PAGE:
Liberty BASIC Help Online

See also:  Numeric Variables, String Literals and Variables, GLOBAL
A literal value is hard-coded into a program.  Here are two literals, printed to the mainwin.  The first is a number.  The second is a string of text characters.
    print 57
    print "Hello World"
        Hello World
A variable is a name used in the code that represents a string or numeric value.  The value assigned to the variable name may change as the program runs.  The program can always access the current value of the variable by refering to its name.  In this example, a value of "3" is assigned to a variable called myNumber:
    print myNumber   
If a different value is later assigned to the variable called myNumber:
    print myNumber   
In Liberty BASIC variables are either string or numeric.  A variable name can start with any letter and it can contain both letters and numerals, as well as dots (for example: user.firstname).  There is no practical limit to the length of a variable name.  The variable names are uppercase and lowercase sensitive, so these are not the same variable:
As in most versions of BASIC, string variable names end in a "$" character for example:
  boast$ = "String variables can contain 2 million characters!"
The boast above is correct.  In Liberty BASIC, string variables can be huge, containing as many as 2 million characters.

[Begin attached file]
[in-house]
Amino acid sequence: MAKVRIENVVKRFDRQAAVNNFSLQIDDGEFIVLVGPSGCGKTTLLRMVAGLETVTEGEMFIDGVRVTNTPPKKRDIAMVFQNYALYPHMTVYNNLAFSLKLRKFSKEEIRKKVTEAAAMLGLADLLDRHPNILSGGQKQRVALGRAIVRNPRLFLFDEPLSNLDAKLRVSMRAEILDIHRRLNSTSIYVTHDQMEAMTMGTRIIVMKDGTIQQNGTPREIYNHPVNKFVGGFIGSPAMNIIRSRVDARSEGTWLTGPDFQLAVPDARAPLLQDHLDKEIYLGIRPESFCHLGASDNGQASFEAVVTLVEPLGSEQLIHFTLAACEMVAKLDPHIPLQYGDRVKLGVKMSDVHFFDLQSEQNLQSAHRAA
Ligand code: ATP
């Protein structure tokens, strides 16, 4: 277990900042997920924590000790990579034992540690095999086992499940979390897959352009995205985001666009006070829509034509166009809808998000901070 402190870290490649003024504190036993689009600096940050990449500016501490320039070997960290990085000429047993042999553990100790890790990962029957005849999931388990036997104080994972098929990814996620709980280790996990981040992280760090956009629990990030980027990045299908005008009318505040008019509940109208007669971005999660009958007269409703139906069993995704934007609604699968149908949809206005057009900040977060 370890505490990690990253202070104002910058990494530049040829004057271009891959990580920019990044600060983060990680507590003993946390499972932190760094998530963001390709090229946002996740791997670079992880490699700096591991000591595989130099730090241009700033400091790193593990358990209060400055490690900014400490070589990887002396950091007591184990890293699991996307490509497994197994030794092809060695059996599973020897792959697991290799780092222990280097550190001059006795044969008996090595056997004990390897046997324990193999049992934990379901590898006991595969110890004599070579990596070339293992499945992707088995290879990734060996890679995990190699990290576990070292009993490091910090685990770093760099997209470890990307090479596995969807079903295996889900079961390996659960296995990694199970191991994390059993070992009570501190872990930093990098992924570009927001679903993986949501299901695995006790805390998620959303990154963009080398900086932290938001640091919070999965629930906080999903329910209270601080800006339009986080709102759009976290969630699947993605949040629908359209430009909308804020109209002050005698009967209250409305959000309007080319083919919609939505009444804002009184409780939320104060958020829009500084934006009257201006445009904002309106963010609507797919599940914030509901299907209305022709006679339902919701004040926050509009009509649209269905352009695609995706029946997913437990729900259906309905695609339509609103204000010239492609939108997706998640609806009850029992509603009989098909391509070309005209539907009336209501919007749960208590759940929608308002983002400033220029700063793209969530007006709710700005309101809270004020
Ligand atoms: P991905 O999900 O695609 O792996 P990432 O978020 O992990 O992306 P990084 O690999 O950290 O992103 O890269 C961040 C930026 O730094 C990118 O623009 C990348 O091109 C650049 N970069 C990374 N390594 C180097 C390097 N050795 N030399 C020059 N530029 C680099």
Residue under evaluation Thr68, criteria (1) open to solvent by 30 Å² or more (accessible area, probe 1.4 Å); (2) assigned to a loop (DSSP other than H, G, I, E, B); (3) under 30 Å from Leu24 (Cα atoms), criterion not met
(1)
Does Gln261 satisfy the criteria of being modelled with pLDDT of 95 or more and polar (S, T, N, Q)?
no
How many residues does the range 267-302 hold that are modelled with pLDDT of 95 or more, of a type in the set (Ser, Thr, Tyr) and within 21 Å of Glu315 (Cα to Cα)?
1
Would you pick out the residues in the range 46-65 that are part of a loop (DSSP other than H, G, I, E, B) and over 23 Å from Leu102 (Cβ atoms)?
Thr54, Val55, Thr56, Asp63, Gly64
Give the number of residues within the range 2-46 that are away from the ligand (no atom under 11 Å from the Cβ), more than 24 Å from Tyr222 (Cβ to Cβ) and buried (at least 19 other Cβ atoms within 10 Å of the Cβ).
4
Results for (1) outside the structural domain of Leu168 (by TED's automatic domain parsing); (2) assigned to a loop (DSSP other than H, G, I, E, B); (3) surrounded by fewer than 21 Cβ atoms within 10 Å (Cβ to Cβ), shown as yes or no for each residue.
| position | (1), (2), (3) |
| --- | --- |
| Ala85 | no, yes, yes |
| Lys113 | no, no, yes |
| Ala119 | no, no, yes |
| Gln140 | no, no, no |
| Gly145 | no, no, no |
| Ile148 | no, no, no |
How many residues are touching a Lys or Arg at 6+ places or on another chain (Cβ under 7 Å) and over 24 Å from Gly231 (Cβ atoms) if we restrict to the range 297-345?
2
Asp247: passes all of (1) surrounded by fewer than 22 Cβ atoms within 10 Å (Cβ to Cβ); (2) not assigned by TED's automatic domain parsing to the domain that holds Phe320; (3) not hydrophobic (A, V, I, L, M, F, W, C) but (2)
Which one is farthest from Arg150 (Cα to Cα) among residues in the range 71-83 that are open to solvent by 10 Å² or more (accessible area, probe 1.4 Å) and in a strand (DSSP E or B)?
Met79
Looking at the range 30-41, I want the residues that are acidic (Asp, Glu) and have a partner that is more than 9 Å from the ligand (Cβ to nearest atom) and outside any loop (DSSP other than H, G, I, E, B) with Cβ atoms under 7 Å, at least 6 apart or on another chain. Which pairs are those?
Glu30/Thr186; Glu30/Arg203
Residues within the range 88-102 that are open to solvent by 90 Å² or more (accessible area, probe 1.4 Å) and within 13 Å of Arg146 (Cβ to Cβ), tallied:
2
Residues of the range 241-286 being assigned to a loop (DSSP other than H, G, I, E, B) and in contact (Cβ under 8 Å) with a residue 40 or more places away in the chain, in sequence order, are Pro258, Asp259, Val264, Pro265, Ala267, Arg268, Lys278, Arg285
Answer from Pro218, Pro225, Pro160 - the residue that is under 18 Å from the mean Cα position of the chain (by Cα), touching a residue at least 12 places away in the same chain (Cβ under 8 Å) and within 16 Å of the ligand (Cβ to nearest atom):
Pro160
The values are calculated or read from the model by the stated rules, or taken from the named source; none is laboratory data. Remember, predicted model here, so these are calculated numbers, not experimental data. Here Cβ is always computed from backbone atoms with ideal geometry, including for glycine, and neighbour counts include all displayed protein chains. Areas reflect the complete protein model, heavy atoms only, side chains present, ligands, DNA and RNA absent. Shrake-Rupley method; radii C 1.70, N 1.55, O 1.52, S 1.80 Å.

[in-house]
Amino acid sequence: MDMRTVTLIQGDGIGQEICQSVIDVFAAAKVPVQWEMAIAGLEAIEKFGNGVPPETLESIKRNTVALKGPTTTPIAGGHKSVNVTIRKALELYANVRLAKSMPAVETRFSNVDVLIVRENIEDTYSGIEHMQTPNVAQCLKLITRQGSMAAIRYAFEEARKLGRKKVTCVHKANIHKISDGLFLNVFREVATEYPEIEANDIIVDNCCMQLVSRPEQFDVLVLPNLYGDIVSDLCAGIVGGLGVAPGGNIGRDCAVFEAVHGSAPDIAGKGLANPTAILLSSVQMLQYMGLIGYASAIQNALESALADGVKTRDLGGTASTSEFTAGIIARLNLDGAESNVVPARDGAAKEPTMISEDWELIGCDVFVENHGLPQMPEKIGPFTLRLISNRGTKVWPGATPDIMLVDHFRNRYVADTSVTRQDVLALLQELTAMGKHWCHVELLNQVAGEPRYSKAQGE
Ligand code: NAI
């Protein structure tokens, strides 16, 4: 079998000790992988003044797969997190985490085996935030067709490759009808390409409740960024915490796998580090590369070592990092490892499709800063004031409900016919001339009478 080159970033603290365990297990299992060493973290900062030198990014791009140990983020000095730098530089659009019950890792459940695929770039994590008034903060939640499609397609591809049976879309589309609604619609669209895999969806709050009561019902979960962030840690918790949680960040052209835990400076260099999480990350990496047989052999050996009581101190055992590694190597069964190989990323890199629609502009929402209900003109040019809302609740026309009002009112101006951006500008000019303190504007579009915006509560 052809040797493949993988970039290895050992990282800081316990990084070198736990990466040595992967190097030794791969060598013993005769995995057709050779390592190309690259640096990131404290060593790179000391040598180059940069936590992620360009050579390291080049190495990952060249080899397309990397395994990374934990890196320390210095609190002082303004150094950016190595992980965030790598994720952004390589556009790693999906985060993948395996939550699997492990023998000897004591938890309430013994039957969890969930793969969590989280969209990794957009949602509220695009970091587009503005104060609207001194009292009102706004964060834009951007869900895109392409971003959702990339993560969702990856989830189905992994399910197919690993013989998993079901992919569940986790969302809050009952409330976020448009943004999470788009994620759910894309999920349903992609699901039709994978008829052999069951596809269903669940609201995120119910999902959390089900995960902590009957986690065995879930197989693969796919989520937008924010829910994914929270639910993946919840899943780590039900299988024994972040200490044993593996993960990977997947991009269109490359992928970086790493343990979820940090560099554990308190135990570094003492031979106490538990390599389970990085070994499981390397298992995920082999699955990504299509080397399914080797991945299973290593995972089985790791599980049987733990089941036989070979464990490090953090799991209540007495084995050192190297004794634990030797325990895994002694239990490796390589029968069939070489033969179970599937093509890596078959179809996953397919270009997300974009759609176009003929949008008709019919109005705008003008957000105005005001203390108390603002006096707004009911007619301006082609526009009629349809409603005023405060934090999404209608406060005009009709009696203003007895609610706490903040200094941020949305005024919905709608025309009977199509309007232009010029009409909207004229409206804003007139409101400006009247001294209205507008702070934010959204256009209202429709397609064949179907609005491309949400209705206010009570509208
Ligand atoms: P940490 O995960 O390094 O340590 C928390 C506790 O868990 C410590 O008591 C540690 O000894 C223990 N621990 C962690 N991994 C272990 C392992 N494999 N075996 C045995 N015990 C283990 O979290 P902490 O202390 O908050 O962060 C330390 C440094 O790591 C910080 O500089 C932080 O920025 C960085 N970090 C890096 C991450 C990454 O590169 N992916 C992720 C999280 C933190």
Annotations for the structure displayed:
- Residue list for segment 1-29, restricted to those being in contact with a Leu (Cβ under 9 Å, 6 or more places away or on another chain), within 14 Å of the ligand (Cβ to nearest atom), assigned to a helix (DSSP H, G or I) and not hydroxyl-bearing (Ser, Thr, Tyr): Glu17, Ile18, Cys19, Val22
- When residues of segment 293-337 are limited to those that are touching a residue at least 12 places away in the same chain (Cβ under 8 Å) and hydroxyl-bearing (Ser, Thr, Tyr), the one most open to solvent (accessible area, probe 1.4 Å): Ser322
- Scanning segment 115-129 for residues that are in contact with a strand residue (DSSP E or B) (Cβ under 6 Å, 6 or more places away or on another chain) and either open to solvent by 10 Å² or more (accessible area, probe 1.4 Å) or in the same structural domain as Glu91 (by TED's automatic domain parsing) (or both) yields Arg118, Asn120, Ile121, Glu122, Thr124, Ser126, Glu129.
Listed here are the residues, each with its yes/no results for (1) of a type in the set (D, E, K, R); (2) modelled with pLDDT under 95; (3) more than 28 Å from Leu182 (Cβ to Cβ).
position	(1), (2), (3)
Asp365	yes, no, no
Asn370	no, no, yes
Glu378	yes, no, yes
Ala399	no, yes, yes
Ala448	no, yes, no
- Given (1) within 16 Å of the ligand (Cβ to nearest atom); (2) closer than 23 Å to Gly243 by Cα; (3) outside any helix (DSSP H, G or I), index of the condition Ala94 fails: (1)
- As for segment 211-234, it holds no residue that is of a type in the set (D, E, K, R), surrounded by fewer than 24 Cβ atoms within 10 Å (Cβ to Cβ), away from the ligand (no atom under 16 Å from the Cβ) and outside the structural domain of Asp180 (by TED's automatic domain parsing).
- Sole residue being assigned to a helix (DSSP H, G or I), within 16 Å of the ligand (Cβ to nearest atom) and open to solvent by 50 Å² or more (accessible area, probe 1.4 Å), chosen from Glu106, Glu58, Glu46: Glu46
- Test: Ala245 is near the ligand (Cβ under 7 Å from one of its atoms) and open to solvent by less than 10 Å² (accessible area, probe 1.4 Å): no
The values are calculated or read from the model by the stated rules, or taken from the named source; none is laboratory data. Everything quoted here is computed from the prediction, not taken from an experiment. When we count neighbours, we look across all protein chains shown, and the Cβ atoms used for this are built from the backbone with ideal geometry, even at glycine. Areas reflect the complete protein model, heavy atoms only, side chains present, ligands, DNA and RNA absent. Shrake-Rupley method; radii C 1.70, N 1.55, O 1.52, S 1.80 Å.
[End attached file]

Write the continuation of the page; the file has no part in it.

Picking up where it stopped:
Unlike some BASICs, Liberty BASIC does not require variables to be declared before they may be used in code.  It is importatnt to check the spelling/capitalization of variables, because variable names are case sensitive.  If 'Compiler Reporting' is enabled in the options dialog, Liberty BASIC will give an alert in a special pane at the bottom of the editor when a program contains variables with similar names, like (name$ and names$) or (name$ and Name$.)
In general, variables used in the main program code are not visible inside functions and subroutines.  Variables inside functions and subroutines are not visible in the main program.  Liberty BASIC 4 introduces the GLOBAL statement to create global variables. Variables declared as GLOBAL can be seen everywhere in a program.  The special system variables like WindowWidth, WindowHeight, etc. now have true global status.  GLOBALS are specified and used like this:
global true, false, filename$
filaname$ = "readme.txt"

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